Q. Clues? Secrets? Like what?

A. I can’t tell you.

Q. Who is Dan Monick and how did you decide to hire him as the photographer?

A. Dan is known (around Minneapolis) as the drummer of the seminal Minneapolis rock band, Lifter Puller. But, nationally Dan is known as an LA-based rock n’ roll/fashion photographer. Around the time that we were searching for a photographer Dan happened to be putting on a solo exhibition of his art photography at the SooVac just a few blocks from my house. While looking at his work again — in person and all at once — something clicked. His approach to photography was exactly what I was looking for — his work is fun and raw, but it’s not amateurish, in fact it is quite the opposite and extremely well crafted. It was perfect. The only thing that was missing was the furniture. My main collaborator from Blu Dot, Medora Danz, was at Dan’s opening as well — and that night she had the same epiphany. We knew we had found our photographer.

Q. So, you had a fashion photographer shoot furniture?

A. Yup. Luckily, at the time I was making the pitch for such an unlikely combination Dan had just published a series of architectural photographs in Dwell. I presented his rock photos as one end of the spectrum and his Dwell photos as the other end, saying simply: I want the Blu Dot photos to fall somewhere in between these two points. The rest is history.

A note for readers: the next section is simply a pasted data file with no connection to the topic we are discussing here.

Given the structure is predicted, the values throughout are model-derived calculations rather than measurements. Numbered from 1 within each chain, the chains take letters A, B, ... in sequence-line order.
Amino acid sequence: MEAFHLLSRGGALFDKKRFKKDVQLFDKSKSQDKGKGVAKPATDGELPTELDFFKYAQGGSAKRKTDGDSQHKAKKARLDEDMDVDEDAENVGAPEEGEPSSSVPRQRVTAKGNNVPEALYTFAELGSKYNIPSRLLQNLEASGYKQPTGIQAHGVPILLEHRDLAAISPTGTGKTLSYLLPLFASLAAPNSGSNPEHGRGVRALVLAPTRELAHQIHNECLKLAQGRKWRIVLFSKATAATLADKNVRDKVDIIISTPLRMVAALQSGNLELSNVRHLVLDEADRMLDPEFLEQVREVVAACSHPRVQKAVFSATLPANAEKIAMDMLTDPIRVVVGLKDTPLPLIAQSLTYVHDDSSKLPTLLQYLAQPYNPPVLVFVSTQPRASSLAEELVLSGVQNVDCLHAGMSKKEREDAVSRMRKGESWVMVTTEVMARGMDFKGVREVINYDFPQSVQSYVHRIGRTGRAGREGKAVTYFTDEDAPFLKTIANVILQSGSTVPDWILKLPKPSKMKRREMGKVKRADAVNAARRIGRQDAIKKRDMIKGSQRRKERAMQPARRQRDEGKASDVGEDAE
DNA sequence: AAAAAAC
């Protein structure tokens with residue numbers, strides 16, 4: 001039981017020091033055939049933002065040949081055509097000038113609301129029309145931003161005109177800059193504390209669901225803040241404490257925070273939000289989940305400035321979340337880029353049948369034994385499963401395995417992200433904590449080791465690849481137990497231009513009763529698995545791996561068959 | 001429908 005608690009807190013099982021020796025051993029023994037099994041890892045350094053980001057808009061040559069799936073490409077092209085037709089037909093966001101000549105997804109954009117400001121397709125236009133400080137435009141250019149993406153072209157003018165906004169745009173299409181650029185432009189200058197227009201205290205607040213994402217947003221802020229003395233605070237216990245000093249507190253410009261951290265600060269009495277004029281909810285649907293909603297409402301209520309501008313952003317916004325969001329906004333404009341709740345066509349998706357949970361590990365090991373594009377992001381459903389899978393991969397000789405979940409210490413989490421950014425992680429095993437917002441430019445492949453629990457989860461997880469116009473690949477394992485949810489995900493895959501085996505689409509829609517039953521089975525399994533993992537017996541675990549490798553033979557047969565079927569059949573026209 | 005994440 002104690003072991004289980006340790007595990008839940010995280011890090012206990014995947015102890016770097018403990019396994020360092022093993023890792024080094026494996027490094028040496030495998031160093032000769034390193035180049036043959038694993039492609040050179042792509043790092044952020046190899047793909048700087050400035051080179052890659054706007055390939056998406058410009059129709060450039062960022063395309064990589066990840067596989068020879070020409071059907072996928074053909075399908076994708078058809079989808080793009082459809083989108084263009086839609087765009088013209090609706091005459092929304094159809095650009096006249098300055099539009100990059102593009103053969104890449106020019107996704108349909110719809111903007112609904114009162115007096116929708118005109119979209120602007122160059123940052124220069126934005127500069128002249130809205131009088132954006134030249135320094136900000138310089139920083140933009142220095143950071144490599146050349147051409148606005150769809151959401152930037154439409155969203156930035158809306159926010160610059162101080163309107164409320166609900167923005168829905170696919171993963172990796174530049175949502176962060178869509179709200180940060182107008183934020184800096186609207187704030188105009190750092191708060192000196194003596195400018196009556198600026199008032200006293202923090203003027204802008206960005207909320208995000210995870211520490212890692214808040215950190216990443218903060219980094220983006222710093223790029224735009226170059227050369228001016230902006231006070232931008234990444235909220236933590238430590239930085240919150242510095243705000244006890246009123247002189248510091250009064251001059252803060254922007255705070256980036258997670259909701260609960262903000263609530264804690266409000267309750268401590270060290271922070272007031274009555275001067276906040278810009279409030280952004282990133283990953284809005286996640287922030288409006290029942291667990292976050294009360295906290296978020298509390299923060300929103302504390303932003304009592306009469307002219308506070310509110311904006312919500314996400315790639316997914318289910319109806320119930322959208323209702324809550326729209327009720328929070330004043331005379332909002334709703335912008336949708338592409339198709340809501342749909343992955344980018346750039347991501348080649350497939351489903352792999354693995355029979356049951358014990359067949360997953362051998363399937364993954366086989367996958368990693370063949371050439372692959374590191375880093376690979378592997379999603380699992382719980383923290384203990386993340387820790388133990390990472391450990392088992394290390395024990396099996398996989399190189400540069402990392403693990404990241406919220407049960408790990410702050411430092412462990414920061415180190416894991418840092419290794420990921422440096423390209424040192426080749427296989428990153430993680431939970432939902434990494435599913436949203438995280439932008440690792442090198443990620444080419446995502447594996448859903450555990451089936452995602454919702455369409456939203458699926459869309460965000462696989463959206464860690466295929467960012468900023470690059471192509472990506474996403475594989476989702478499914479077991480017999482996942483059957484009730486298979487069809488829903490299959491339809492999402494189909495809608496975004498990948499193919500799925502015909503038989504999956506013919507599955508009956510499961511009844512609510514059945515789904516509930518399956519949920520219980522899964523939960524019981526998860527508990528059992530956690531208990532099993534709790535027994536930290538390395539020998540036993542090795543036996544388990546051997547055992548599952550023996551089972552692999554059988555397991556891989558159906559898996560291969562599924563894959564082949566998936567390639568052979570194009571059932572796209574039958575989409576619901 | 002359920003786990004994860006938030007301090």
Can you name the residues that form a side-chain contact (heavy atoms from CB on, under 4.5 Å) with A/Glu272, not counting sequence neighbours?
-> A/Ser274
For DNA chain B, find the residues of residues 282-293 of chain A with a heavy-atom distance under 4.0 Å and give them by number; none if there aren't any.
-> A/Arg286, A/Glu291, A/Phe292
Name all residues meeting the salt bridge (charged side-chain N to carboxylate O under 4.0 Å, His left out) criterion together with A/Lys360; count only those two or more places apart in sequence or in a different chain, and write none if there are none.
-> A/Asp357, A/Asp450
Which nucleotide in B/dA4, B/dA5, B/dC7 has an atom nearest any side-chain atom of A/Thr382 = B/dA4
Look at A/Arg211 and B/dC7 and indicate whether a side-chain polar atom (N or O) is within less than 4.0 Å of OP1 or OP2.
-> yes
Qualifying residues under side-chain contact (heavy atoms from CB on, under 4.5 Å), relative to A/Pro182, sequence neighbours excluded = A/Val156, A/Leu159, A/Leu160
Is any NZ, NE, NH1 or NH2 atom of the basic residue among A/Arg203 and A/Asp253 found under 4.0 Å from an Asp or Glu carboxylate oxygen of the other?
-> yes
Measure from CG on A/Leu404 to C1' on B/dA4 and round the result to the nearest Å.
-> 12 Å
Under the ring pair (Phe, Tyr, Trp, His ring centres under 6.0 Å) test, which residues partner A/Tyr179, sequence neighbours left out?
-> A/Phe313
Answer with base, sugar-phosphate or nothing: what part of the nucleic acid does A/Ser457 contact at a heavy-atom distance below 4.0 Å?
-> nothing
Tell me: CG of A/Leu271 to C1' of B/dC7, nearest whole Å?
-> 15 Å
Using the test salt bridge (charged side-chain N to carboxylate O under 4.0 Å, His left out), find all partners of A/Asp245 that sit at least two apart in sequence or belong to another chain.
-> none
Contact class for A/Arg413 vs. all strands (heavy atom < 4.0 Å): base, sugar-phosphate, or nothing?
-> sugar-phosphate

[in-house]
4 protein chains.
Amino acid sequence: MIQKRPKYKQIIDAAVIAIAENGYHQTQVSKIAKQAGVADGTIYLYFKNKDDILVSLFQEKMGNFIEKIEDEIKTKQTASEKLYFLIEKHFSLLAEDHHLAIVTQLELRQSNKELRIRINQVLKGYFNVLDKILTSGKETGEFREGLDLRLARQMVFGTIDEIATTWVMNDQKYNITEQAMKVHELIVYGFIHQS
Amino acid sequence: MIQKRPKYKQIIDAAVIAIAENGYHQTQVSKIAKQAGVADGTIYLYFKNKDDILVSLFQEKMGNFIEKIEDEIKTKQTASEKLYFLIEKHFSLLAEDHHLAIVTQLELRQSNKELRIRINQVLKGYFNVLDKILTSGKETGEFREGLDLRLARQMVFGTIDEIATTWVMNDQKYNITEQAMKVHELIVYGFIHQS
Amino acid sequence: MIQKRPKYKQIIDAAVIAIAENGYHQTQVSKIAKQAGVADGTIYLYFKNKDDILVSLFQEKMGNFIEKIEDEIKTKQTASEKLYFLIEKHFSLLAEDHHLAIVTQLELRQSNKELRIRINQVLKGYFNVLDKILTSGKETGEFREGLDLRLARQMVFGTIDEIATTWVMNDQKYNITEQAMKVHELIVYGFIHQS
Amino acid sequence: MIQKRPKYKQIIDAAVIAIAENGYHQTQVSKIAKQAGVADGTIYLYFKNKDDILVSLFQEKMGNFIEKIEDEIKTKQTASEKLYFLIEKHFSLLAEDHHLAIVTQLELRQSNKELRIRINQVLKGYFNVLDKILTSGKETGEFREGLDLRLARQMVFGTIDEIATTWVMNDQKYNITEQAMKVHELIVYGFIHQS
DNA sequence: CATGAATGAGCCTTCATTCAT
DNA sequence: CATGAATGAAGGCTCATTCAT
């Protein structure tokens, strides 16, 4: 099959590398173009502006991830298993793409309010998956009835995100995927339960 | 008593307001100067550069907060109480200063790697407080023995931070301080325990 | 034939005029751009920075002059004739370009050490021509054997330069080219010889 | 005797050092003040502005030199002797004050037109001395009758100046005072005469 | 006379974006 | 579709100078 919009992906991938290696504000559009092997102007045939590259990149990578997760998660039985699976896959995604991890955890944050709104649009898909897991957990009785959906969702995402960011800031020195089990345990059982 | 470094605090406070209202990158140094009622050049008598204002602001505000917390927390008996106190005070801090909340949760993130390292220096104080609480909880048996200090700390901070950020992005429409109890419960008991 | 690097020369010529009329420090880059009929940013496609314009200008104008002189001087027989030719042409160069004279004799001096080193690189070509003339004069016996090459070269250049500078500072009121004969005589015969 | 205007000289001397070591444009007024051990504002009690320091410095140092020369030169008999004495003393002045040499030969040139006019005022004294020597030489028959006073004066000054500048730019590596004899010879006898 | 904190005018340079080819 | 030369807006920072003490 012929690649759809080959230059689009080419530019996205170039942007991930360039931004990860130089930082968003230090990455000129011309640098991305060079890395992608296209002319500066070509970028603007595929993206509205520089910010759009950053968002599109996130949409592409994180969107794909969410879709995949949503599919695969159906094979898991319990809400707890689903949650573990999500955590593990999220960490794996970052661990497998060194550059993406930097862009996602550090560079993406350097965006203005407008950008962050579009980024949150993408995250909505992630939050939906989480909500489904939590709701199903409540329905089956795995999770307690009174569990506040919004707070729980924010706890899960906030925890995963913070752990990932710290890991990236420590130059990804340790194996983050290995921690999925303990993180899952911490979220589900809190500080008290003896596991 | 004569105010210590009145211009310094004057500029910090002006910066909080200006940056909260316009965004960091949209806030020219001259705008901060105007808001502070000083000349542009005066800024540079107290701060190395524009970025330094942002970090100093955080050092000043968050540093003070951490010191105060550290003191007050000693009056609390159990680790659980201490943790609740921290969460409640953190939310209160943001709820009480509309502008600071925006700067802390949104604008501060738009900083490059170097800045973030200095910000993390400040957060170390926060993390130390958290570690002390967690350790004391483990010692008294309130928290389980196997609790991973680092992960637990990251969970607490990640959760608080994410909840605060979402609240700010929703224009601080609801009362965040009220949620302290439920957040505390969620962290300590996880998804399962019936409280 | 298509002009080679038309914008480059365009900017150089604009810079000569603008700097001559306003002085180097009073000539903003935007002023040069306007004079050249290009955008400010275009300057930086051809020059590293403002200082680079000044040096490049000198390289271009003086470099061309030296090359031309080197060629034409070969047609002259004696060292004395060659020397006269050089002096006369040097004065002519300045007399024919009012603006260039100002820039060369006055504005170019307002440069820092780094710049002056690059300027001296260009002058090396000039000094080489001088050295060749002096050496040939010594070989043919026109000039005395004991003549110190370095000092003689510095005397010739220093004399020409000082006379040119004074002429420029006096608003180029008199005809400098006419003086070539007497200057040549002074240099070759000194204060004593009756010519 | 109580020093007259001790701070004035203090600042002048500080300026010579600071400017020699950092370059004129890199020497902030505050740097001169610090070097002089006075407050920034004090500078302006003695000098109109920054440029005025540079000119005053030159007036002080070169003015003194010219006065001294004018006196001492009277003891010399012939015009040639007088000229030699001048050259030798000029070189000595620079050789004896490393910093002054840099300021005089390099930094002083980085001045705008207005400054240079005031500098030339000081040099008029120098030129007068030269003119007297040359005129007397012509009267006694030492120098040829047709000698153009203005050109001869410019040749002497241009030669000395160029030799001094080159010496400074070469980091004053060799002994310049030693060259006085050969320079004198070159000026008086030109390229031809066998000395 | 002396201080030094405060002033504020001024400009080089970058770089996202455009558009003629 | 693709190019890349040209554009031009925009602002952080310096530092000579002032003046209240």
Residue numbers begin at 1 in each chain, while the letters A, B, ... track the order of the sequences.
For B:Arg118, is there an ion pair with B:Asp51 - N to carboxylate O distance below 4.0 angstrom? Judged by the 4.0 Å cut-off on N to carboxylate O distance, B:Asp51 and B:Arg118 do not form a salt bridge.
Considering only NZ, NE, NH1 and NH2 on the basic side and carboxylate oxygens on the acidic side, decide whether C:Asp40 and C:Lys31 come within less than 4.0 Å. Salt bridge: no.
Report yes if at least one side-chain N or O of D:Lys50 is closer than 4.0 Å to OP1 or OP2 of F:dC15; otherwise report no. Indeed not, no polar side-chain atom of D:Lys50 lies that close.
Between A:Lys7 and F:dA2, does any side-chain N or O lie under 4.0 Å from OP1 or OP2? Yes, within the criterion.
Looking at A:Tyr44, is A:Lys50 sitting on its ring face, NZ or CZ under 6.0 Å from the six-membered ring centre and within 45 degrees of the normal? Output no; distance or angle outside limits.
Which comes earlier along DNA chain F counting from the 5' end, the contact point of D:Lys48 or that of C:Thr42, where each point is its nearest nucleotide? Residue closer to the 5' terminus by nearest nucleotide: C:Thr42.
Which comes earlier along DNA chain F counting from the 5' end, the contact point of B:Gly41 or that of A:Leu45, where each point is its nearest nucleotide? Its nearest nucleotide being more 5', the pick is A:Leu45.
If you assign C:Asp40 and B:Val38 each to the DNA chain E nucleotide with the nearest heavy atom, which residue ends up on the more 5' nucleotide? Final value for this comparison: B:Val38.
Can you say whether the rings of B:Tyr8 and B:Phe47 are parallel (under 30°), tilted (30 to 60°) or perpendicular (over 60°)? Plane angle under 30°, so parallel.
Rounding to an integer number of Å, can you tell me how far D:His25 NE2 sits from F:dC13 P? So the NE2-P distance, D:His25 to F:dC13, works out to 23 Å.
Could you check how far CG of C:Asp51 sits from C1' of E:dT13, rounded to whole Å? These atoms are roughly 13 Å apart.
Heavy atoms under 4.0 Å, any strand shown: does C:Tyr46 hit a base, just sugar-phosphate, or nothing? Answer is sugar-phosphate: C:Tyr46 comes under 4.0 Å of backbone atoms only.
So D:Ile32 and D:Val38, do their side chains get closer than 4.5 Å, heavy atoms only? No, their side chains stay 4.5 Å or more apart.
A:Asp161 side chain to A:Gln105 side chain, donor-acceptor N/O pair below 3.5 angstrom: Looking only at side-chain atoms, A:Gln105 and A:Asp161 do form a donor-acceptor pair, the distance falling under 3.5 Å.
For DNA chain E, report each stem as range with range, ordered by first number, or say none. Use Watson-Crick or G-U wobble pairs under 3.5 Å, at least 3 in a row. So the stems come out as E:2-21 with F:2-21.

Q. What was it like working with Dan?

A. One word: Awesome. Dan weaves these amazing stream-of-consciousness narratives for the models in order to extract the expression or mood out of them that he wants. These stories are so amazing I can’t even begin to explain them. I took a bunch of video footage on my digital point-and-shoot this year, but the videos do not do Dan’s amazingness any justice either. Although, it’s still kind of fun to watch:

[youtube]http://www.youtube.com/watch?v=OHcTVbMMlmM[/youtube]

2008 Behind the Scenes:

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Q. Where are the locations? Those are some sweet houses.

A. With the exception of one location, they are all houses or businesses in the Twin Cities area. The one exception is John Christakos’ modernist cabin, which is in Wisconsin. In 2007 we shot at five private residences, the Walker Art Center, and Bower Brothers in NE Minneapolis. In 2008 we shot at three more private residences, but we also added a few commercial locations into the mix: Nick & Eddie and Jetset.

Q. Can I have the names and addresses? I’d like to go check them out for myself.

A. Nope. Sorry . . .

Q. Who are all those people?